Front. Anal. Sci., 10 December 2021
Sec. Biomedical Analysis and Diagnostics

Comparison of Biological Age Prediction Models Using Clinical Biomarkers Commonly Measured in Clinical Practice Settings: AI Techniques Vs. Traditional Statistical Methods

www.frontiersin.orgChul-Young Bae1, www.frontiersin.orgYoori Im1*, www.frontiersin.orgJonghoon Lee2, www.frontiersin.orgChoong-Shik Park3, www.frontiersin.orgMiyoung Kim1, www.frontiersin.orgHojeong Kwon4, www.frontiersin.orgBoseon Kim1, www.frontiersin.orgHye ri Park1, www.frontiersin.orgChun-Koo Lee1, www.frontiersin.orgInhee Kim1 and www.frontiersin.orgJeongHoon Kim1
  • 1Department of Mediage R&D Center, Corporation Growth Center, Seong-nam, South Korea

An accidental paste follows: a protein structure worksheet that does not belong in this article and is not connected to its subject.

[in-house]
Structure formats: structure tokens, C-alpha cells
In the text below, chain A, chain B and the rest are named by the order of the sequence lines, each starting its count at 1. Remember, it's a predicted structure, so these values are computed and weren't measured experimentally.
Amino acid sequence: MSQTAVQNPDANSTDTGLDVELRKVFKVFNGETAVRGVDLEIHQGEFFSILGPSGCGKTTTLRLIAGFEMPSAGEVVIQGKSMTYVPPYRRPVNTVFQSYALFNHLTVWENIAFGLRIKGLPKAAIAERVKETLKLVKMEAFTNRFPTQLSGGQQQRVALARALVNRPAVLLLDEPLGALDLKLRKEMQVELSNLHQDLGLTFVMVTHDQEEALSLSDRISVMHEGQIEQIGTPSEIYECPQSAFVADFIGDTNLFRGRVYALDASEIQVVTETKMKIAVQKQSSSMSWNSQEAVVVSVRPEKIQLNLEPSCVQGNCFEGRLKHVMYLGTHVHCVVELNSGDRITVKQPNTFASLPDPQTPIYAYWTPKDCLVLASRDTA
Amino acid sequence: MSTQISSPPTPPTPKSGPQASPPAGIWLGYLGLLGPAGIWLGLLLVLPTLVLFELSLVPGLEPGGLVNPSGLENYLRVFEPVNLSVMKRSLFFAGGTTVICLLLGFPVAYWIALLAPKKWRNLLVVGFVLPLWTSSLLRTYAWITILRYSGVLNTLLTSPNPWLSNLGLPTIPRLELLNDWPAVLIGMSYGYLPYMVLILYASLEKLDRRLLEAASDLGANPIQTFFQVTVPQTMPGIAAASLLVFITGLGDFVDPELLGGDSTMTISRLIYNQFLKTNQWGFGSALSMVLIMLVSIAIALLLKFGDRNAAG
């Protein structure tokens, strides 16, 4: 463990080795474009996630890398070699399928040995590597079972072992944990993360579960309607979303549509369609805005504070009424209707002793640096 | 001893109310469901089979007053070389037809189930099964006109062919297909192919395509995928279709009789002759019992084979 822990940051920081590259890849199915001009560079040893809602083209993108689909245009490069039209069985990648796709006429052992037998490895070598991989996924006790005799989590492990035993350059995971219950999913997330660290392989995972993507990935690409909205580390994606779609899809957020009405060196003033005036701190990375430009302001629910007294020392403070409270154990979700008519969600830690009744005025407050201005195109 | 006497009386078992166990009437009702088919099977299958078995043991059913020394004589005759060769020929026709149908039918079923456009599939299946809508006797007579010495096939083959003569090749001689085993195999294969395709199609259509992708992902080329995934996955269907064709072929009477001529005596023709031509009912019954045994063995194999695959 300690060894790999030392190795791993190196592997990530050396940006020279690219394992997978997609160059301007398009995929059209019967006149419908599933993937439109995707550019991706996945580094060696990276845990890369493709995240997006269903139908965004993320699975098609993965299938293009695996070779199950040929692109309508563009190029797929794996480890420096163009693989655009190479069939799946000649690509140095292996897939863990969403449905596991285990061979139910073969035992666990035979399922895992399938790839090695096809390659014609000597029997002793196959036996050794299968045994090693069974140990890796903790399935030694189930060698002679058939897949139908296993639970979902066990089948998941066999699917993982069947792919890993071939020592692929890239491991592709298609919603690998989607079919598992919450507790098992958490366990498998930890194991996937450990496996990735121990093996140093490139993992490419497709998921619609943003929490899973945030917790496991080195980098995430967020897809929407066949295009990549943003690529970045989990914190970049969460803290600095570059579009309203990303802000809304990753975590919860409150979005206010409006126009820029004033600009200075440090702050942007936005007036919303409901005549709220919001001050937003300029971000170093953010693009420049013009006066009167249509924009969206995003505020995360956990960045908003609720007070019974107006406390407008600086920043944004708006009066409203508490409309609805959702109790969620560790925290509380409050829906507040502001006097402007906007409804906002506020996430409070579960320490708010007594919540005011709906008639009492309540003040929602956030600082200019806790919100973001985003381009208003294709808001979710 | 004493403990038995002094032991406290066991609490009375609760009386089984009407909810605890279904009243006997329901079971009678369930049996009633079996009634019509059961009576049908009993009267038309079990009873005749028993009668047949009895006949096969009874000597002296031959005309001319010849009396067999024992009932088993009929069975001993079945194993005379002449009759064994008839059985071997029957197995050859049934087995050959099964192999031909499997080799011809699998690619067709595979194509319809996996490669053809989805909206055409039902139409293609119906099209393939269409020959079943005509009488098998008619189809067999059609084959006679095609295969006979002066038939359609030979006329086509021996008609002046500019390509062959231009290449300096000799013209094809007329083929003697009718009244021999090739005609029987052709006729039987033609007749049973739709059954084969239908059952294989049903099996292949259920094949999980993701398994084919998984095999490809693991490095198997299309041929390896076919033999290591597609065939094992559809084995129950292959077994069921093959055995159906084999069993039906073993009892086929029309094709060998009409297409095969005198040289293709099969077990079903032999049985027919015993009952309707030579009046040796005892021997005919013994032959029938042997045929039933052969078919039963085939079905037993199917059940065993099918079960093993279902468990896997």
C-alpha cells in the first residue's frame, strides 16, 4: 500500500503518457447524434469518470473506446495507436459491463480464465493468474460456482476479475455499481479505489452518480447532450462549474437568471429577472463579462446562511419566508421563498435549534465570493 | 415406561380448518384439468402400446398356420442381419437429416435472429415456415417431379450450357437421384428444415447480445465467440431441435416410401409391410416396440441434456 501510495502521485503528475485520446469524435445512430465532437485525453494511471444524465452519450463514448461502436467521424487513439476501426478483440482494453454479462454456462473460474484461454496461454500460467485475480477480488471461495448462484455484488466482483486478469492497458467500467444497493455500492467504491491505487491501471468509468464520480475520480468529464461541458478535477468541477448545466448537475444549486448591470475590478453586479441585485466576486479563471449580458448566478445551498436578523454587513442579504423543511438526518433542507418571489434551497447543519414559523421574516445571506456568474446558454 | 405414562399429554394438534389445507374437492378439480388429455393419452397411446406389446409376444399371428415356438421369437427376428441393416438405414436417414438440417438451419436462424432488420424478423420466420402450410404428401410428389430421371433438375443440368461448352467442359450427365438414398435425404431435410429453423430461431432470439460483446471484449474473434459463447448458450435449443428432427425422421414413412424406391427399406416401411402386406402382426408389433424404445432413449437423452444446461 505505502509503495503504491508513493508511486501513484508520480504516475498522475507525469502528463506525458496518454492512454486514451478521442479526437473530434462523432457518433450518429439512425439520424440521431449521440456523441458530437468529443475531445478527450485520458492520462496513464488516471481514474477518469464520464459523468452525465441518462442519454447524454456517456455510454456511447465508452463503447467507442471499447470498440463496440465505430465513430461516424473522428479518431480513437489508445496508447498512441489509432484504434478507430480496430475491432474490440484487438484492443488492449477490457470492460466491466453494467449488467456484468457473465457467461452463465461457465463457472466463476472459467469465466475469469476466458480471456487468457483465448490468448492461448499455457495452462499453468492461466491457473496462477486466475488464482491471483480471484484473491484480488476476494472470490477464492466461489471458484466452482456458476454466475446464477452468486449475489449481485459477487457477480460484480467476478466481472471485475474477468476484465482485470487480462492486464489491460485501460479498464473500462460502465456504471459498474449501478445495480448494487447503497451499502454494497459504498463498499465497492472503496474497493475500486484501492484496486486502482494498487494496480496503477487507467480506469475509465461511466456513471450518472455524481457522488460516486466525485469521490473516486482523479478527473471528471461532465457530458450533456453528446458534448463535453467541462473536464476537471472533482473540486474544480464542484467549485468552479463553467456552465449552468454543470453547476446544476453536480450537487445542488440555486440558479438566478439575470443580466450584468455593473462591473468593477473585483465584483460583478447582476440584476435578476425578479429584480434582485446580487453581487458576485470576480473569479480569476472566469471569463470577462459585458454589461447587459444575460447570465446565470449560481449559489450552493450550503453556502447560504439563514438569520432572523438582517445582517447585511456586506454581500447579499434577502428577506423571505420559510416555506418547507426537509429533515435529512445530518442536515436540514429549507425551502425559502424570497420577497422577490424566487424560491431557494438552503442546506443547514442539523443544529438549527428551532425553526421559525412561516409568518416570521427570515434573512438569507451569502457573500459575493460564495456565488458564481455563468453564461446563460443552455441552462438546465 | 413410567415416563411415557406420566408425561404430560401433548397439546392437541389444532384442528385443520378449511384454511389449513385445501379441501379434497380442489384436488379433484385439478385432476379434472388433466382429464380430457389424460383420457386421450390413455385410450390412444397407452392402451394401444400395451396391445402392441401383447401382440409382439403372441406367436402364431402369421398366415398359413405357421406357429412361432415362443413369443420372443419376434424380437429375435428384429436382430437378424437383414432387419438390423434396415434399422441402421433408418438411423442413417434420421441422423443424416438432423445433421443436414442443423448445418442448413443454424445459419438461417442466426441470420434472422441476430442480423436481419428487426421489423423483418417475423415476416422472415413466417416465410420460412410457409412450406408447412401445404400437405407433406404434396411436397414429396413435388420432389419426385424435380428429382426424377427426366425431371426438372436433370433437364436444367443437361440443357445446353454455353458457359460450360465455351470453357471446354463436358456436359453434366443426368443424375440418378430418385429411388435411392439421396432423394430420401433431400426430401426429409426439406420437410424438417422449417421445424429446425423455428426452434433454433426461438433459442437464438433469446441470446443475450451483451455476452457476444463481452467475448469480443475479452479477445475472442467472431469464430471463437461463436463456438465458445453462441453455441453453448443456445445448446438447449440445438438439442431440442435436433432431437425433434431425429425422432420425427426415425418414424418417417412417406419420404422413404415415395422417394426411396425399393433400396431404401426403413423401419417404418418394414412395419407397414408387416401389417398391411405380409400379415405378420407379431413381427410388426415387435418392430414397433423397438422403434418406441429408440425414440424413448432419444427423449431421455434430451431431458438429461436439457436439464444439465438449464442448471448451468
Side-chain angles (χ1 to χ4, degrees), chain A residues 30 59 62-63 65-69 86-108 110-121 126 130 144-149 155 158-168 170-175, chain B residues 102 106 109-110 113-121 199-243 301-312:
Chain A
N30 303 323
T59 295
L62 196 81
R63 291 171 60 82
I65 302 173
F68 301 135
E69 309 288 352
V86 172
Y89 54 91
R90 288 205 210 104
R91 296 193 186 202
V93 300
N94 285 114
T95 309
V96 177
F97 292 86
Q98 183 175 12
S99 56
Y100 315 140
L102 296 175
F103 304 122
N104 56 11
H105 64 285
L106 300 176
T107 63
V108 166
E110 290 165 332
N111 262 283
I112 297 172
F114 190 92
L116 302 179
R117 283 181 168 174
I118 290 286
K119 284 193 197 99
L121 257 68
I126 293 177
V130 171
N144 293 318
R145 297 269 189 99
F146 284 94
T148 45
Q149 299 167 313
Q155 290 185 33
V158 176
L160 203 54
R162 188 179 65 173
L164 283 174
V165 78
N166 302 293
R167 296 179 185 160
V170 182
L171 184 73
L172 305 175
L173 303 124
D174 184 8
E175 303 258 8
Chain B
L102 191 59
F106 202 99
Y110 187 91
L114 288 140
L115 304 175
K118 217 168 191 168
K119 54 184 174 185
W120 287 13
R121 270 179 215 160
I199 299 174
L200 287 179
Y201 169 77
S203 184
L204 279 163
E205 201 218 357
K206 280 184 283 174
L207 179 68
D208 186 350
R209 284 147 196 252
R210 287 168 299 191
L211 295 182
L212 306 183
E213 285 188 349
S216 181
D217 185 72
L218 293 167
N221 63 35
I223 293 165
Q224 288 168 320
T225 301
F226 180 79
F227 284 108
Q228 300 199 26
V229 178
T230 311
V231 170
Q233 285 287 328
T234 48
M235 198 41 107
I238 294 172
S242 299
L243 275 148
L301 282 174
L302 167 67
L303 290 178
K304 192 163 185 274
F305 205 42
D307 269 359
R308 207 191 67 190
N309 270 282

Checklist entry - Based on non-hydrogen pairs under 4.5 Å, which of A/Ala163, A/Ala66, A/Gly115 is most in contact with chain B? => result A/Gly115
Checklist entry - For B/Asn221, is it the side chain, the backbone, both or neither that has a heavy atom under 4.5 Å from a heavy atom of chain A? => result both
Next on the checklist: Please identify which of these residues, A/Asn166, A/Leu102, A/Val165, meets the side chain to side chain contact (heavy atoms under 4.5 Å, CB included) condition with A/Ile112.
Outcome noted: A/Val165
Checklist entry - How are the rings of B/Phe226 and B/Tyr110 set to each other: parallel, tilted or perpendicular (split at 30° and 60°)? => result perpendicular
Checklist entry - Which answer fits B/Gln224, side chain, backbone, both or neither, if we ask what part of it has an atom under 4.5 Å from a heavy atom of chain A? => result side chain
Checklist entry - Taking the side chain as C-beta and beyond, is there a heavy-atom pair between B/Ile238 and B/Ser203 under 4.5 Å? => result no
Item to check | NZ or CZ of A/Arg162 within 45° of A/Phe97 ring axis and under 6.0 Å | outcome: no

• 2Department of AI Laboratory, Moadata, Corporation Growth Center, Seong-nam, South Korea
  • 3Department of Smart It, U1 University(Asan Campus), Chungnan-do, South Korea
  • 4Department of Global Public Health and Anthropology, New York University Undergraduate, New York, NY, United States

In this work, we used the health check-up data of more than 111,000 subjects for analysis, using only the data with all 35 variables entered. For the prediction of biological age, traditional statistical methods and four AI techniques (RF, XGB, SVR, and DNN), which are widely used recently, were simultaneously used to compare the predictive power. This study showed that AI models produced about 1.6 times stronger linear relationship on average than statistical models. In addition, the regression analysis on the predicted BA and CA revealed similar differences in terms of both the correlation coefficients (linear model: 0.831, polynomial model: 0.996, XGB model: 0.66, RF model: 0.927, SVR model: 0.787, DNN model: 0.998) and R2 values. Through this work, we confirmed that AI techniques such as the DNN model outperformed traditional statistical methods in predicting biological age.